I have been practising yoga for years yet there are still so many postures I have yet to perfect and I still regularly have to send my ego-packing! We are all where we need to be, on our own mats, on our own journey. Do your best to stay connected to what makes the most sense for you in every pose and remember the beauty of yoga is that whatever level you practice at, you can still reap all of yoga’s wonderful benefits. One thing that has helped me to avoid comparison game while still moving forward with my practice is to focus on one specific posture I want to work on and then mindfully break it down and incorporate it regularly into my practice to help me make some real measurable progress rather than forcing my body to learn it quickly.
4. Mindful doesn’t necessarily mean slow & spiritual but it can
I used to attend ashtanga self-practice every morning, I have never worked physically harder neither have I ever had a more a mindful or spiritual experience – the two are not mutually exclusive. You can have hard, fast mindful yoga and you can also have gentle, slow, mindful yoga. Mindfulness is not about style or pace – it’s about how we approach and experience our practice. Whichever style you practice or level you’re at, mindfulness is something we can all tap into. I write this because recently I’ve been so busy flowing through my Vinyasas, picking and mixing the bits I like, plus trying to multi-task by adding in the poses that tone my abs and hone my arms, that I think I was actually missing the deeper health and wellness benefits that the postures can offer and just getting a workout. Just slowing down the vinyasas, and holding each pose for at least five breaths is really helping me stay present and stop rushing.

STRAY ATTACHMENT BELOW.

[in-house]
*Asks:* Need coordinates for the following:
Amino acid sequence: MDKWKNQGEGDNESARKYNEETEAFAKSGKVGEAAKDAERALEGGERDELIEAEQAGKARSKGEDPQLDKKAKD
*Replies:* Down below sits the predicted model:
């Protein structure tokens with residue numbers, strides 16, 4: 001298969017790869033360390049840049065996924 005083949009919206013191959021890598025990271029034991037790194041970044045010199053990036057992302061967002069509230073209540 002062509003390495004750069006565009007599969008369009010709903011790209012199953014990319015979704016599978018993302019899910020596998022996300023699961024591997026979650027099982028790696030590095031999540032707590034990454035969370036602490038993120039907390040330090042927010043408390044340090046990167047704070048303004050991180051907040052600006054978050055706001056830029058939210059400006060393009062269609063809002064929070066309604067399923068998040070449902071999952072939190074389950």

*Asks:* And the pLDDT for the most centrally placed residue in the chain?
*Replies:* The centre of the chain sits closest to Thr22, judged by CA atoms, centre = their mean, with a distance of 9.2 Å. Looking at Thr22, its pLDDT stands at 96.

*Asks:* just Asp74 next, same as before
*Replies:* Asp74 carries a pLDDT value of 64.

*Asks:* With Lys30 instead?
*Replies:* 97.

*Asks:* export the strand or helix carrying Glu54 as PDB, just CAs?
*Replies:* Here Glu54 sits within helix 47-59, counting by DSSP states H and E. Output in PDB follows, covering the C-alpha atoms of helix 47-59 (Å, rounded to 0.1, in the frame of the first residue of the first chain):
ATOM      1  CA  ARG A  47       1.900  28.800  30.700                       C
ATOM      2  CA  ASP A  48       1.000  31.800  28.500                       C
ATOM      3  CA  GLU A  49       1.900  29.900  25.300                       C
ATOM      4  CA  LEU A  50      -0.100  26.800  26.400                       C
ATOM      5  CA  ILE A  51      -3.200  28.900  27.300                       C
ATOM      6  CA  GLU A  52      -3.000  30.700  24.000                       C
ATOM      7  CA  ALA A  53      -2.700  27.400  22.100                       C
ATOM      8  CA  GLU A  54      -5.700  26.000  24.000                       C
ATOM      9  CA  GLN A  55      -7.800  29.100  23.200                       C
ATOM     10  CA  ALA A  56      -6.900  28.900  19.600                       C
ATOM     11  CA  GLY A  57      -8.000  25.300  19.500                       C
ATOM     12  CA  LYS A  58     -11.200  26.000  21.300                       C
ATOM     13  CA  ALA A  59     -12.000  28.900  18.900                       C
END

5. Surrender into Savasana
I was taught that Savasana is not just a chance to finally relax but also an opportunity to absorb all the benefits of the practice and hold on to them so that they can journey deep within our bodies. Knowing this, I’ve always been a stickler for staying and not rushing off at the end class. However, at home I am guilty of skipping the Savasana in favour of a little seated gratitude meditation. This past month, I’ve been returning to Savasana even if that means cutting out a few seated poses and find I am leaving the mat feeling much more refreshed and at peace. If you’re tempted to skip the Savasana and get on with your day, try not to.